Venice: Franciscum Franciscium Senensem, 1575.
First and only edition (see Rara Aritmetica) of the first clear statement of the principle of mathematical induction.
“Francesco Maurolico is generally recognized to have been one of the foremost mathematicians of the sixteenth century” (Rosen); Cajori has called him ‘the greatest geometer of the sixteenth century’. Only a few of his many works were printed, the present volume containing the majority of his published scientific writings in eight treatises, each published here for the first time: De sphaera liber unus (in which he criticized Copernicus); Computus Ecclesiasticus in summam collectus; Tractatus instrumentorum astronomicorum; Tractatus de lineis horariis; Euclidis propositiones elementorum; Musicae traditione; De lineis horariis; and Arithmeticorum.
“The greatest number of Maurolico’s mathematical writings are gathered in the Opuscula mathematica; indeed, the second volume of that work, Arithmeticorum libri duo, is wholly devoted to that subject and contains, among other things, some notable research on the theory of numbers. This includes, in particular, a treatment of polygonal numbers that is more complete than that of Diophantus, to which Maurolico added a number of simple and ingenious proofs. L. E. Dickson has remarked upon Maurolico’s argument that every perfect number is hexagonal, and therefore traingular, while Baldassarre Boncompagni noted his proof of a peculiarity of the succession of odd numbers...
“Among the topics related to mathematics in the Opuscula are chronology (the treatise ‘Computus ecclesiasticus’) and gnomonics (in two treatises, both entitled ‘De lineis horariis,’ one of which also discusses conics). The work also contains writing on Euclid’s Elements... Of particular interest, too is a passage on a correlation between regular polyhedrons, which was commented upon by J.H.T. Müller, and later by Moritz Cantor” (DSB IX, 191). In Tractatus instrumentorum astronomicorum, Maurolico described the principal astronomical instruments and discussed their theory, use, and history—a subject similar to that treated in one of his first publications, the rare and little-known tract Quadrati fabrica et eius usus (Venice, 1546).
Several of the results on polygonal and square numbers in the Arithmeticorum are proved by making use of the principle of mathematical induction (e.g. Book I, Proposition 15), the first time this principle had been clearly stated. Pascal, who used induction extensively in his Traité du Triangle Arithmetique, learned of the principle from Maurolico, for in the proof of one proposition he writes ‘Cela est aisé par Maurolic’. It had in fact been used earlier by Euclid, Levi ben Gerson and others, but without clearly stating the principle involved. The term ‘induction’ was first used in this context by John Wallis in 1655.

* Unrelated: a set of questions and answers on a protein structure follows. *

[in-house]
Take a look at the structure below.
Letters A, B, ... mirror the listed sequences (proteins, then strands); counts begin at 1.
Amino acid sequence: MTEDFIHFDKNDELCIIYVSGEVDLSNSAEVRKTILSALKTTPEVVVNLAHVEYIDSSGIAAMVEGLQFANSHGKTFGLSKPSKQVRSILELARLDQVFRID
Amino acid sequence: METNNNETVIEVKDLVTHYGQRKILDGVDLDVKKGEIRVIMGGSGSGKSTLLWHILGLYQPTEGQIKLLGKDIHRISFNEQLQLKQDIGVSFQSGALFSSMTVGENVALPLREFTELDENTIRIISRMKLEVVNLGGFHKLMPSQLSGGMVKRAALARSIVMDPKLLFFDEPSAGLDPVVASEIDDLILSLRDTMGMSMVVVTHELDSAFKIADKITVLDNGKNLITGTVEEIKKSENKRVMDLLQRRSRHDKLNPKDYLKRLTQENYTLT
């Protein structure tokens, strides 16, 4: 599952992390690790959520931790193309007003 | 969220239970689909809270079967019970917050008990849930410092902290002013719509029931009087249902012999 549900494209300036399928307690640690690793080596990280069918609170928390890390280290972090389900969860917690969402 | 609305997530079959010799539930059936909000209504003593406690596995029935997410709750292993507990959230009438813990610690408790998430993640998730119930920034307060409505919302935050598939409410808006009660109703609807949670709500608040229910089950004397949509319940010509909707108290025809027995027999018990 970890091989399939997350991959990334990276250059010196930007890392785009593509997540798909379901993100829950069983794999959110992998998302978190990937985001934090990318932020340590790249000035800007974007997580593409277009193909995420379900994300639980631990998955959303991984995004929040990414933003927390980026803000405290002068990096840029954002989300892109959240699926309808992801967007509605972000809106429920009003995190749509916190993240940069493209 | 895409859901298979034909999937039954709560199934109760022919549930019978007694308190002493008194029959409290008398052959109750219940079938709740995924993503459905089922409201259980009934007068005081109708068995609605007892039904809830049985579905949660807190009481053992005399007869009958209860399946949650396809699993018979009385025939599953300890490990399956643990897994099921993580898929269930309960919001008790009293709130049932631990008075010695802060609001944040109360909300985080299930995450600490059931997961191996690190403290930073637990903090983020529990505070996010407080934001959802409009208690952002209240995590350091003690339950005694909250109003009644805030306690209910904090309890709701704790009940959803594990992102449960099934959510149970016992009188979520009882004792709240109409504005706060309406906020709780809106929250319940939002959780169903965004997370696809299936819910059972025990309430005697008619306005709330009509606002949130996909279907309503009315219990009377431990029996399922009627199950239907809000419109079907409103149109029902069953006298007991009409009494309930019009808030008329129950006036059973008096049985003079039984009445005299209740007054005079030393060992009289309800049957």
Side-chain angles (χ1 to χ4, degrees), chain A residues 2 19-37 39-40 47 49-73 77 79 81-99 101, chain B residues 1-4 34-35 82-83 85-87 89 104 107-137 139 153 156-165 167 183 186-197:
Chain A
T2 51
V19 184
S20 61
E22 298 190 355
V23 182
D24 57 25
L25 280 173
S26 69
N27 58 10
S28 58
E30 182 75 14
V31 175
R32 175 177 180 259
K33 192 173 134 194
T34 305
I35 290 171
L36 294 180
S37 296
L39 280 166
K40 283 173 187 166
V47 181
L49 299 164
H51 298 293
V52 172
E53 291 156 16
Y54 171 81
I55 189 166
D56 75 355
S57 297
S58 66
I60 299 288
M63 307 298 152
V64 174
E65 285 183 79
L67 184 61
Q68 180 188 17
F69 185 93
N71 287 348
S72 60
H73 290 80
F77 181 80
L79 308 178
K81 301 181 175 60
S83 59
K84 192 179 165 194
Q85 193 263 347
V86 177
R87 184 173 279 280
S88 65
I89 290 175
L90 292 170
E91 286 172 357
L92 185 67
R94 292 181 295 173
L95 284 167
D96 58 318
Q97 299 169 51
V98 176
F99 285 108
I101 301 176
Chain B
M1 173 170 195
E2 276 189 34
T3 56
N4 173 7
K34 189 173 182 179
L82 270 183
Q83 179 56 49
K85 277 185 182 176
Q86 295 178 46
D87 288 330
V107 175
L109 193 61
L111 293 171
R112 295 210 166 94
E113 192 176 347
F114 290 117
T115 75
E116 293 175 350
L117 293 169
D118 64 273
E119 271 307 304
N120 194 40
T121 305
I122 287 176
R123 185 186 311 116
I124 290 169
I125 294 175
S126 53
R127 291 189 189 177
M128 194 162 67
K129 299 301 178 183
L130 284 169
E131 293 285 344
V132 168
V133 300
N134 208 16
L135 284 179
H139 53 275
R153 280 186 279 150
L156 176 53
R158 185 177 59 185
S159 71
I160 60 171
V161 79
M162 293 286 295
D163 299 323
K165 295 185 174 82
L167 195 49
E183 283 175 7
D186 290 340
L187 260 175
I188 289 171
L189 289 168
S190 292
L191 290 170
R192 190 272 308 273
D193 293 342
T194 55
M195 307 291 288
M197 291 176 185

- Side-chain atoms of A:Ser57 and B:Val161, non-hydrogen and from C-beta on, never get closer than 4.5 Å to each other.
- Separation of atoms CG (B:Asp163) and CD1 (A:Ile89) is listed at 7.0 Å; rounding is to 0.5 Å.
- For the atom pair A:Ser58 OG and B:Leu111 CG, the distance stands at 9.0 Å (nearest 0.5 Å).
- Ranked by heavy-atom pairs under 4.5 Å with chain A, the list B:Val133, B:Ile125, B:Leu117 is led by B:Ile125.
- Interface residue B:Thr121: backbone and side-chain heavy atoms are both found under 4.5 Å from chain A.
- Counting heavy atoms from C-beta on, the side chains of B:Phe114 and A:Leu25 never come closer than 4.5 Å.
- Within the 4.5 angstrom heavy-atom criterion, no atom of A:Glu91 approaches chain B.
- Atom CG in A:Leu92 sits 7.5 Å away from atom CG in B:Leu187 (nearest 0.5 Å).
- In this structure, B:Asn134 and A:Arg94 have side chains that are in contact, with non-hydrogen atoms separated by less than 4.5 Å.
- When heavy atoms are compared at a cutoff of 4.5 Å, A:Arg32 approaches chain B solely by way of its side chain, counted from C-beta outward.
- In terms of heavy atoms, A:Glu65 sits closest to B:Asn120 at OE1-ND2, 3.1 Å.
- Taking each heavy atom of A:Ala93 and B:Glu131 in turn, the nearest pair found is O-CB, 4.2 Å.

The manuscript of the book was sent to the bookseller Giovanni Comisino in Venice in 1569, but the book was not in press until November 1574. Even then there were further delays, and the book was not finally published until 26 July 1575, four days after Maurolico’s death. Some bibliographies mention editions of 1574, 1580 and 1585, but in ‘The Editions of Maurolico’s mathematical works’ (Scripta Mathematica 24 (1959) 59-76), Edward Rosen has shown that there was only one edition of the Opuscula and its ‘companion piece’ the Arithmeticorum (though one or two of the works were reprinted separately later). See also Smith’s Rara Arithmetica, p.349-50.
Maurolico’s family came from Greece, from which they had fled to Sicily to escape the Turks. Maurolico learned Greek, as well as astronomy, from his father. In 1521 he was ordained priest, and in 1550 the governor of Messina conferred upon Maurolico the abbey of Santa Maia del Parto. Maurolico also held a number of civil commissions in Messina, and like his father became master of the Messina mint. Most importantly, he gave public lectures on mathematics at the University of Messina, where he was appointed professor in 1569. Maurolico himself referred to a vast literary production, but only a few of his works were printed, although these are enough to show him to have been an outstanding scholar. In addition to writing his own books, Maurolico translated, commented upon, reconstructed, and edited works by a number of ancient authors, including Apollonius, Archimedes, Autolycus, Menelaus and Theodosius.
Honeyman 2182; Smith, Rara Arithmetica, p.349-50; Adams M919; Macclesfield 1344; Riccardi II, 141. On the use of the principle of mathematical induction by Maurolico, see G. Vacca: “Maurolycus, the First Discover of the Principle of Mathematical Induction,” Bulletin of the American Mathematial Society, 16 (1909–1910) 70–73.
Two volumes bound as one (as issued). 4to: 214 x 160 mm. Pp. , 285; [1: blank], , 175, , . Large printer’s device on each title, woodcut initials and type ornaments, numerous woodcut diagrams in text and margins. Contemporary limp vellum, spine heavely worn but entirely unrestored. Title page with numerous contemporary inscriptions and ancient stamp. In all a fine unsophisticated copy.